Minn. Stat. § 480A.08, subd. 3 (1996).
STATE OF MINNESOTA
IN COURT OF APPEALS
City of Roseau,
Filed March 31, 1998
Roseau County District Court
File No. C2-97-106
Carla J. Heyl, League of Minnesota Cities, 145 University Avenue West, St. Paul, MN 55103-2044 (for respondent)
Considered and decided by Klaphake, Presiding Judge, Willis, Judge, and Randall, Judge.
Appellant Merlin Nelson appeals from summary judgment granted in favor of respondent City of Roseau (city). Because the city is immune from suit under the recreational immunity statute, Minn. Stat. § 466.03, subd. 6e (1996), we affirm.
Minn. Stat. § 466.03, subd. 6e (1996) provides:
Any claim based upon the construction, operation, or maintenance of any property owned or leased by the municipality that is intended or permitted to be used as a park, as an open area for recreational purposes, or for the provision of recreational services, or from any claim based on the clearing of land, removal of refuse, and creation of trails or paths without artificial surfaces, if the claim arises from a loss incurred by a user of park and recreation property or services. Nothing in this subdivision limits the liability of a municipality for conduct that would entitle a trespasser to damages against a private person.
The facts of this case fall within the broad statutory immunity granted to the city under this statute. The arena is owned and operated by the city; the claim arises from the construction or maintenance of the property; and appellant was a user of the property.
The exception to the rule of immunity is that the municipality owes the same duty to recreational users of its facilities that a private person owes to trespassers. Id. The trespasser standard adopted for use in this state in the case of Green-Glo Turf Farms v. State, 347 N.W.2d 491, 494 (Minn. 1984) follows Section 335 of the Restatement (Second) of Torts, which makes a land possessor who has constant intruders liable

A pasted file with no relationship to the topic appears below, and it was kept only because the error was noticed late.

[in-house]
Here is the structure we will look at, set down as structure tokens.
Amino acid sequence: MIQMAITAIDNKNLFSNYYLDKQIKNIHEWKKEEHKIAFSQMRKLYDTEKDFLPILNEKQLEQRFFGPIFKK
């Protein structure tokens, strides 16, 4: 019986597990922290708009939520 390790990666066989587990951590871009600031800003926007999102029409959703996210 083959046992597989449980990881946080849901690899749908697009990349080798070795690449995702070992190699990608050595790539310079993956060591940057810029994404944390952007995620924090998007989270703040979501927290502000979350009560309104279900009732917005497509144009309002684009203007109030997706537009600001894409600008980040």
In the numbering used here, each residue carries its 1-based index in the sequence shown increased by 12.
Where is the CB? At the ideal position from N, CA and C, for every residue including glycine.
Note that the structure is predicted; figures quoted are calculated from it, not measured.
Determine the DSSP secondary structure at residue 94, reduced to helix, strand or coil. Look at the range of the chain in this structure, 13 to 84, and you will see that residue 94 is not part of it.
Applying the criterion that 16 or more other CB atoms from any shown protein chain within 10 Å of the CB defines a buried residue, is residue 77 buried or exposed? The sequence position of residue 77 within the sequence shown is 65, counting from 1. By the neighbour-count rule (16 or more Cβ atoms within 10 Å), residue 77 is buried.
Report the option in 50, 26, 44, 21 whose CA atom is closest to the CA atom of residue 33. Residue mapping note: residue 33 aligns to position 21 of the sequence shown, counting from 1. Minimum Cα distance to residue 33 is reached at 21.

for bodily harm caused to them by an artificial condition on the land, if
(a) the condition
(i) is one which the possessor has created or maintains and
(ii) is, to his knowledge, likely to cause death or serious bodily harm to such trespassers and
(iii) is of such a nature that he has reason to believe that such trespassers will not discover it, and
(b) the possessor has failed to exercise reasonable care to warn such trespassers of the condition and the risk involved.
Restatement (Second) of Torts § 335 (1965). The injured party has the burden of establishing that each of the elements of Section 335 has been met. Martinez v. Minnesota Zoological Garden, 526 N.W.2d 416, 418 (Minn. App. 1995), review denied (Minn. Jan. 31, 1995).
There is no question that the city knew that the public "constantly intrudes" upon the arena, and that appellant's injury was caused by an artificial condition that the city had created and maintained. However, no evidence was presented showing that the city actually knew that the artificial condition was likely to cause death or serious injury. See Cobb v. State, 441 N.W.2d 839, 841 (Minn. App. 1989) (standard to apply in imputing knowledge to landowner is actual, not constructive, knowledge). No prior injuries had been reported to the city because of the door or step placement, nor is the condition obviously dangerous or likely to cause death or serious bodily damage. See Johnson v. State, 478 N.W.2d 769, 773 (Minn. App. 1991) ("condition [must] be likely to cause serious bodily harm; * * * injury suffered does not define the requirement"), review denied (Minn. Feb. 27, 1992). Further, the condition must be such that trespassers will not readily discover it. See Sirek v. State, 496 N.W.2d 807, 810 (Minn. 1993) (landowner liable only for failure to "warn trespassers about hidden, artificial changes").
The "`test is not whether the injured party saw the danger, but whether it was in fact visible.'" Johnson, 478 N.W.2d at 773 (quoting Munoz v. Applebaum's Food Market, Inc., 293 Minn. 433, 434, 196 N.W.2d 921, 922 (1972)). A dangerous condition is not concealed if an inspection, however brief, would reveal the danger. Watters v. Buckbee, 354 N.W.2d 848, 851 (Minn. App. 1984). Under the facts of this case, any dangerous condition caused by the steps or door was plainly visible and known to appellant from previous entries onto the ice, including the entry that occurred just minutes before the accident. Thus, the statutory exception to the city's immunity for claims arising from recreational use of its ice arena is inapplicable.